Most of our headshot clients are directors of companies, hospital execs, Realtors and bankers. These images are used for their websites, social media accounts and business cards.

 

Products

 

Ringlights are so portable that we take them everywhere. When using them on location with no accessibility to outlets, we use Paul C. Buff portable power, which can provide power for up to 90 minutes. With product photography, the gooseneck really comes in handy. I am able to bend these lights to the height that I need, and provide light directly overhead. I take three lights with me when on location. This ensures that I am able to create depth and dimension, and if a commercial client asks for a last-minute headshot, I’m prepared.

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Senior EXTREME Sports

 

We are known in our community for our EXTREME Sports product line. In previous editions of Shutter, I have discussed how we market and sell these creations. My goal is to photograph these within 10 minutes. Again, using a three-light setup, I start with a tight horizontal shot through the light, very intense and impactful. I then move my main light away and begin capturing three to five additional images in their sports gear. These creations are always presold and designed after their order session. You can view many behind-the-scenes of these creations on our YouTube channel.

 

Volume Sports

 

Whether on location or in the studio, we use a three-light setup. High schoolers are photographed horizontally through the main light, and younger subjects are shot with 3/4 with the main light off to the side. For schools that are creating senior banners, we have a second station also set up with ringlights. These images are shot 3/4 vertically and are designed as banners that hang in gymnasiums and on sports fields. It’s an incredible way to market your business.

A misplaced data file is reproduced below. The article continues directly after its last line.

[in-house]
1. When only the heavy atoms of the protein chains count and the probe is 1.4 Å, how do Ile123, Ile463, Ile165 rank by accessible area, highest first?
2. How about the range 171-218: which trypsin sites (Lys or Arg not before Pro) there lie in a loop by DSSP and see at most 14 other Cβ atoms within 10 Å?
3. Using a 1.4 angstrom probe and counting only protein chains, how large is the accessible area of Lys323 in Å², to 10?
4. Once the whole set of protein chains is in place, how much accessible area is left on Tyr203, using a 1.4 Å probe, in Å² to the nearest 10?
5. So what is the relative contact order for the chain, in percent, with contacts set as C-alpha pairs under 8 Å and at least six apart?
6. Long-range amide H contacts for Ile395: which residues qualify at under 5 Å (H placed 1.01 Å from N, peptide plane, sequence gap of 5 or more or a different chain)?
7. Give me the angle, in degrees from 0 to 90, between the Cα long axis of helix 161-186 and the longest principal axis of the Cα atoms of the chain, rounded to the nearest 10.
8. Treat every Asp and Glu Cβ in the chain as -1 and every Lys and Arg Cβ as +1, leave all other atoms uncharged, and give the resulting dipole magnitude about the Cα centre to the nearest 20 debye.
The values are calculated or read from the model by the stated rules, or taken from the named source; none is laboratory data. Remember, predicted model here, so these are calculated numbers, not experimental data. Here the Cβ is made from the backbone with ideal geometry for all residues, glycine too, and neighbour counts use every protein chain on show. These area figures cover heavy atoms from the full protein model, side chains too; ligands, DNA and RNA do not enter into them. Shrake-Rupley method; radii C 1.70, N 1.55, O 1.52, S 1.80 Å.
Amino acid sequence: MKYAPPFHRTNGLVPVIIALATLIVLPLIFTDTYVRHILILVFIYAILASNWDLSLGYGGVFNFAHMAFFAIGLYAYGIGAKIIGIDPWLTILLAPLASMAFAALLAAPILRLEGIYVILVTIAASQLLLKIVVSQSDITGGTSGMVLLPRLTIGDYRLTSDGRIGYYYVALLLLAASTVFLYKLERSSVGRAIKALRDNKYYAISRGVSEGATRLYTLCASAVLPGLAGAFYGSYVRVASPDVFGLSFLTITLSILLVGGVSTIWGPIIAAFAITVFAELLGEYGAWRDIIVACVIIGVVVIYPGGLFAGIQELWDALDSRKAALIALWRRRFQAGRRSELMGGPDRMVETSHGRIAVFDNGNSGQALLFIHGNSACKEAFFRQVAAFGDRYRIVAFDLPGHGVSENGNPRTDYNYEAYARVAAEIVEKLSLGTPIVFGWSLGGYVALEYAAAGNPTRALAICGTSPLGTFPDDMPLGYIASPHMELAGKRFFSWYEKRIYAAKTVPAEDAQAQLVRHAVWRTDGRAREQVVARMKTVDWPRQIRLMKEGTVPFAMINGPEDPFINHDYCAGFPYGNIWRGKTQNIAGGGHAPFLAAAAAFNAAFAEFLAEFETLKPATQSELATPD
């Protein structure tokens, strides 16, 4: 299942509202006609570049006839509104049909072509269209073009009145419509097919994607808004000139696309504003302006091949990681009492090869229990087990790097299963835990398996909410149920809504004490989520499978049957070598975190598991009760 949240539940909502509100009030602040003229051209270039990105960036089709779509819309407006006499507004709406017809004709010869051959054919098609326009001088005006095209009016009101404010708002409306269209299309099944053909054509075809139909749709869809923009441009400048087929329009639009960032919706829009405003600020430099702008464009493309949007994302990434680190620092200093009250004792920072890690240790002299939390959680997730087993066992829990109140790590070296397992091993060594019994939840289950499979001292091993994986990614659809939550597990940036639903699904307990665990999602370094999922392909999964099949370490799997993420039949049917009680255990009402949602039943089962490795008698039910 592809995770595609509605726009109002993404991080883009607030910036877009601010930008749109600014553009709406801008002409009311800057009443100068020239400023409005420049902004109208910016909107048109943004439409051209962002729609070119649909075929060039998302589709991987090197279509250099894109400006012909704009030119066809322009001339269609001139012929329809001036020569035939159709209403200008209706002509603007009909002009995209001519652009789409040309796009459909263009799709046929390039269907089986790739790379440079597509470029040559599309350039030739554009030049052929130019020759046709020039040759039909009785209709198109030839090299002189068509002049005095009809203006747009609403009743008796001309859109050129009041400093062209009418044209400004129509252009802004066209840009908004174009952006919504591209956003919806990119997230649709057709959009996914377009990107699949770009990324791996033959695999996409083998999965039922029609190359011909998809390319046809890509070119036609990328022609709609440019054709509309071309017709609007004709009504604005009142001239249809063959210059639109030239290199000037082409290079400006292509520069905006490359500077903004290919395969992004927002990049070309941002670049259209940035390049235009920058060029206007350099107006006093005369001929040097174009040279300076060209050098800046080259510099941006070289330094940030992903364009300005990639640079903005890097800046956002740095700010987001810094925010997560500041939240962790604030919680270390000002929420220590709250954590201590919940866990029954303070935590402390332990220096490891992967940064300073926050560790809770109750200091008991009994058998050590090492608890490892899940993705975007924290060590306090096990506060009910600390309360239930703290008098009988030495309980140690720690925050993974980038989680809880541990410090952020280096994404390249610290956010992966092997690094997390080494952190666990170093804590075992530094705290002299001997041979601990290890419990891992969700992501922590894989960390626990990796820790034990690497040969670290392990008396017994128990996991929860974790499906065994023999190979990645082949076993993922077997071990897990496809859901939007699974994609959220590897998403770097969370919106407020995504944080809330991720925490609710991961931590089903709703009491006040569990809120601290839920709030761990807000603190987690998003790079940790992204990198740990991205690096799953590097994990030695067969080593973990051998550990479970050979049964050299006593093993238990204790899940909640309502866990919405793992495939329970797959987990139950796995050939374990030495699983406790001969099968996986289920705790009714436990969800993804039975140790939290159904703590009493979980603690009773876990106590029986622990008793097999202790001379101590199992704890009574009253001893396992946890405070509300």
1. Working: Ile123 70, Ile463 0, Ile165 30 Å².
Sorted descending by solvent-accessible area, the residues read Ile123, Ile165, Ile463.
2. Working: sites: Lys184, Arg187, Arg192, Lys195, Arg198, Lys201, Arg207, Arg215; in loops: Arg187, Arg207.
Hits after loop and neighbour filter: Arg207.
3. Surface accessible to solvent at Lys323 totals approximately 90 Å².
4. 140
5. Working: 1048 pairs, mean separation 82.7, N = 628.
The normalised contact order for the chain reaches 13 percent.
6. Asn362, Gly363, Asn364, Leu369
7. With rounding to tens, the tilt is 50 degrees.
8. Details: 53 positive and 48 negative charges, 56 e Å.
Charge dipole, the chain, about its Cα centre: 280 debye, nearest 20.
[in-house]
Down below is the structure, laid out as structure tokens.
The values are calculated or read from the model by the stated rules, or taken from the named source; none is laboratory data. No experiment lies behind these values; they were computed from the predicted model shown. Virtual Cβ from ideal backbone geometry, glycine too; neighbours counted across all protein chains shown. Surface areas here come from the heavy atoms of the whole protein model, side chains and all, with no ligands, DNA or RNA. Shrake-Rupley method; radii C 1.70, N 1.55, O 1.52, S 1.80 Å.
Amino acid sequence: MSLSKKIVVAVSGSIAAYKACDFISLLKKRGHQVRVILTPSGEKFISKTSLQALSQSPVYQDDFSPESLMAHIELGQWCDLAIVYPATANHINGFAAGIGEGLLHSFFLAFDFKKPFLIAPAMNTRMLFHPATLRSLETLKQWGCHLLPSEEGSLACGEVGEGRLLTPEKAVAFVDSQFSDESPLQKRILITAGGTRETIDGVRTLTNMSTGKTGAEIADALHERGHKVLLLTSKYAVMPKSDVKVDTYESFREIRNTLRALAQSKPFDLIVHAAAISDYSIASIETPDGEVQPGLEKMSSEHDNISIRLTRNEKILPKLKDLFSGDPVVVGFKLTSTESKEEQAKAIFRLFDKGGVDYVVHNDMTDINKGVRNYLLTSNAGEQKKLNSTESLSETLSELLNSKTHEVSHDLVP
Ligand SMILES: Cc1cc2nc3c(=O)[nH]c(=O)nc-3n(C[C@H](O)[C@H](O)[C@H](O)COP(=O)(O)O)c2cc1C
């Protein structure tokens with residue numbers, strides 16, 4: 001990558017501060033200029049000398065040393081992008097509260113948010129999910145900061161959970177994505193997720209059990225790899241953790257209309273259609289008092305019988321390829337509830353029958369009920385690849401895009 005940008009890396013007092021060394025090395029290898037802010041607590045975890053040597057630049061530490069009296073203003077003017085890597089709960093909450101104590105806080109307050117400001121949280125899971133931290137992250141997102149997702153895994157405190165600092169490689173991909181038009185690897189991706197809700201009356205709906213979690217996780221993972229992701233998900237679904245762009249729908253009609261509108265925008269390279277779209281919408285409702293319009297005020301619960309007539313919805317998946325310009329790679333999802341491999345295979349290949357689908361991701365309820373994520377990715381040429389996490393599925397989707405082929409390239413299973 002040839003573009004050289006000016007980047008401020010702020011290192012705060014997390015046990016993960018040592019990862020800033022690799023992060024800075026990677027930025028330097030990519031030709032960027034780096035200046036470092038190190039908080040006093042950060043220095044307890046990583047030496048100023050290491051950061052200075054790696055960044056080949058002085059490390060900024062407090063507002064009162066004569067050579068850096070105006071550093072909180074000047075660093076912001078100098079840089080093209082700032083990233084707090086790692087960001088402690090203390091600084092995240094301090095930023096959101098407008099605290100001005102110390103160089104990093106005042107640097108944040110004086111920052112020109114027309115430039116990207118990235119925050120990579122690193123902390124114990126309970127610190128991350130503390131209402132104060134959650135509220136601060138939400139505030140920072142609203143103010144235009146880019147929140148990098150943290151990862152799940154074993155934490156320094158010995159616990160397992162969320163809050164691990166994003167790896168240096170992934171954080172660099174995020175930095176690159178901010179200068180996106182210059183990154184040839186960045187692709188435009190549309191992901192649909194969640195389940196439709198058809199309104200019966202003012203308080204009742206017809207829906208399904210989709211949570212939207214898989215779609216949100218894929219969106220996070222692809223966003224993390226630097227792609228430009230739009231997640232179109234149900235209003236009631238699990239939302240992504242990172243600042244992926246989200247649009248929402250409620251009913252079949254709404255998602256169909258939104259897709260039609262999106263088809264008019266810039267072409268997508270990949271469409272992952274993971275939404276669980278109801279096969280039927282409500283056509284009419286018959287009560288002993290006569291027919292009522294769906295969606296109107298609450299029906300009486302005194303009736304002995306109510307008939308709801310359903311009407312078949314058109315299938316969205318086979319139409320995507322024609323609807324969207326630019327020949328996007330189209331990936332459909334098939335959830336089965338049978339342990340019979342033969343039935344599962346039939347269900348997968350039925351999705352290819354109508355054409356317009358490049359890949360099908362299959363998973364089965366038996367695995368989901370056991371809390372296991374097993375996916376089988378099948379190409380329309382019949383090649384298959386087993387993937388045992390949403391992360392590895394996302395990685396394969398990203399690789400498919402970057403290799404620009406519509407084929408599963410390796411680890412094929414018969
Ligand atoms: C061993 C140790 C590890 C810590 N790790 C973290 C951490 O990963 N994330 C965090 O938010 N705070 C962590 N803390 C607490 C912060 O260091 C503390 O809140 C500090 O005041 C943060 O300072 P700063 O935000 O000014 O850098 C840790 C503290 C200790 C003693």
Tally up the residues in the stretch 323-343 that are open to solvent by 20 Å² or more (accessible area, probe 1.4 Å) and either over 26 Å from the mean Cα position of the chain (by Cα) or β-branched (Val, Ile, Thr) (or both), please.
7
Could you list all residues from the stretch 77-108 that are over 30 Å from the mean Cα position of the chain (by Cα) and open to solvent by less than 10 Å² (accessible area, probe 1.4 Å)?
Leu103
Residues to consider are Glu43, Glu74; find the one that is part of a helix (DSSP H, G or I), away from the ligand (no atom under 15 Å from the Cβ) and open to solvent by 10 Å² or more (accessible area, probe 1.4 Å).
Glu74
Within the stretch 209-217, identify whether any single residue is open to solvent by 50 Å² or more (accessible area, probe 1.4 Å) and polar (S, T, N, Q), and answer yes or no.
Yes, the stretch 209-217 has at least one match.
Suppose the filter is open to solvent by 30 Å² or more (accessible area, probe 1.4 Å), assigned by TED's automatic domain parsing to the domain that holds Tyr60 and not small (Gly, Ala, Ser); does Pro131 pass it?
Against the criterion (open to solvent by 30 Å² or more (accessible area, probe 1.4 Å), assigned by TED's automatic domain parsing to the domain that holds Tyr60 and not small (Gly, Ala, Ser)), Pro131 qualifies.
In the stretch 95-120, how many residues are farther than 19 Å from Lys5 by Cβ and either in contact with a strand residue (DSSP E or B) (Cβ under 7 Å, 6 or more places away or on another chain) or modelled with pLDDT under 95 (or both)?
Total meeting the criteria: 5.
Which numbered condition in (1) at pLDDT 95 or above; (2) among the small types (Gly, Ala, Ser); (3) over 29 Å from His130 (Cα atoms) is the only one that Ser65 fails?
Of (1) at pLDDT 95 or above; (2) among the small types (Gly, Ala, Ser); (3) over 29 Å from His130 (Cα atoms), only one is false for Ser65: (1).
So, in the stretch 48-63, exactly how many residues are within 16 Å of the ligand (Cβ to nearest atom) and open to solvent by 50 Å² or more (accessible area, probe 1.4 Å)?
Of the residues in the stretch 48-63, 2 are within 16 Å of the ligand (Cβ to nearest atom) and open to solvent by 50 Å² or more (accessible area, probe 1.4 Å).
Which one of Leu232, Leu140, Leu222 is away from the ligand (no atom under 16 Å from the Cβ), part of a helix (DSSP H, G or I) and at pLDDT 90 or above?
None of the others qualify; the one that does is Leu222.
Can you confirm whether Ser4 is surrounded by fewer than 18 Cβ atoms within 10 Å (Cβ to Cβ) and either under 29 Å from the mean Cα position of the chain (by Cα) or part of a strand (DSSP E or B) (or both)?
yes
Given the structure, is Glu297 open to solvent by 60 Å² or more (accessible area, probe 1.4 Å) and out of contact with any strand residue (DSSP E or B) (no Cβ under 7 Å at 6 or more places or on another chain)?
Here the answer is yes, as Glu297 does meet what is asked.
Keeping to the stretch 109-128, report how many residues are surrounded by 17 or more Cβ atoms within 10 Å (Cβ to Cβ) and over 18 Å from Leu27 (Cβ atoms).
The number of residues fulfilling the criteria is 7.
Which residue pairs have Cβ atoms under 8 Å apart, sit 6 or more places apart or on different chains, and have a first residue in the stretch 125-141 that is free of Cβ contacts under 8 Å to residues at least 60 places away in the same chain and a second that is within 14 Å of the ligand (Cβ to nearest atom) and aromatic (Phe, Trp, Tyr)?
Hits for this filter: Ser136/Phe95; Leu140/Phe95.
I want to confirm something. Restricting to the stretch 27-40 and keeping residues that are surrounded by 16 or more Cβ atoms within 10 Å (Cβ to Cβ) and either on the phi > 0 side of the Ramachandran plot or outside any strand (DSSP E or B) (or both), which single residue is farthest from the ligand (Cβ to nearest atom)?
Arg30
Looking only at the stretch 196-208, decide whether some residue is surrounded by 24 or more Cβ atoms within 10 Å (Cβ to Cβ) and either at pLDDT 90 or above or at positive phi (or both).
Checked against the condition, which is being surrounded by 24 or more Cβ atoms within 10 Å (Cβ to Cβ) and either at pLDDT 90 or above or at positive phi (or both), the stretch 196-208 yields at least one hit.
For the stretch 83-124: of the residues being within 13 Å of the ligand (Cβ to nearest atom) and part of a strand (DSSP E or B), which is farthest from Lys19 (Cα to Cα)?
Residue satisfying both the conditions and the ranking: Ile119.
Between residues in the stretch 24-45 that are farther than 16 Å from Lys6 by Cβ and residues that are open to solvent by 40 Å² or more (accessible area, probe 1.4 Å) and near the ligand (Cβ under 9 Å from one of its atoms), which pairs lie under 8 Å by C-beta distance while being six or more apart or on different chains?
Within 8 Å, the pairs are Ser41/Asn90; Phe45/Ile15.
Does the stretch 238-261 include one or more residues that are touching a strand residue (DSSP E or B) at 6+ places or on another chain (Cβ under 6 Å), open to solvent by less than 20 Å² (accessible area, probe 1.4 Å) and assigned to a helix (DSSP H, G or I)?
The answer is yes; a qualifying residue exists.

I use ringlights more than any other light source when photographing indoors. Their portability, affordability and ease of use allows me to create images that set my studio apart.

 

Typical Settings:

F4

1/160

200–500 ISO

4350K

 

Equipment:

Nikon D4

24–70mm 2.8

85mm 1.4

Ringlights

Ringlight diffusor

Paul C. Buff portable power

 

Action Plans:

Register for ShutterFest 2017.

Network with a local hair salon.

Subscribe to Anderson Photographs’ YouTube channel.

Create a business headshot promotion.

 

Want more information on this article? Get access to video content and additional supporting images. Launch the August issue of the magazine by logging in or signing up for a free account by clicking here. Shutter Magazine is the industry’s leading professional photography magazine.

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5 Uses of Ringlights with Melanie Anderson

with behindtheshutter time to read: 5 min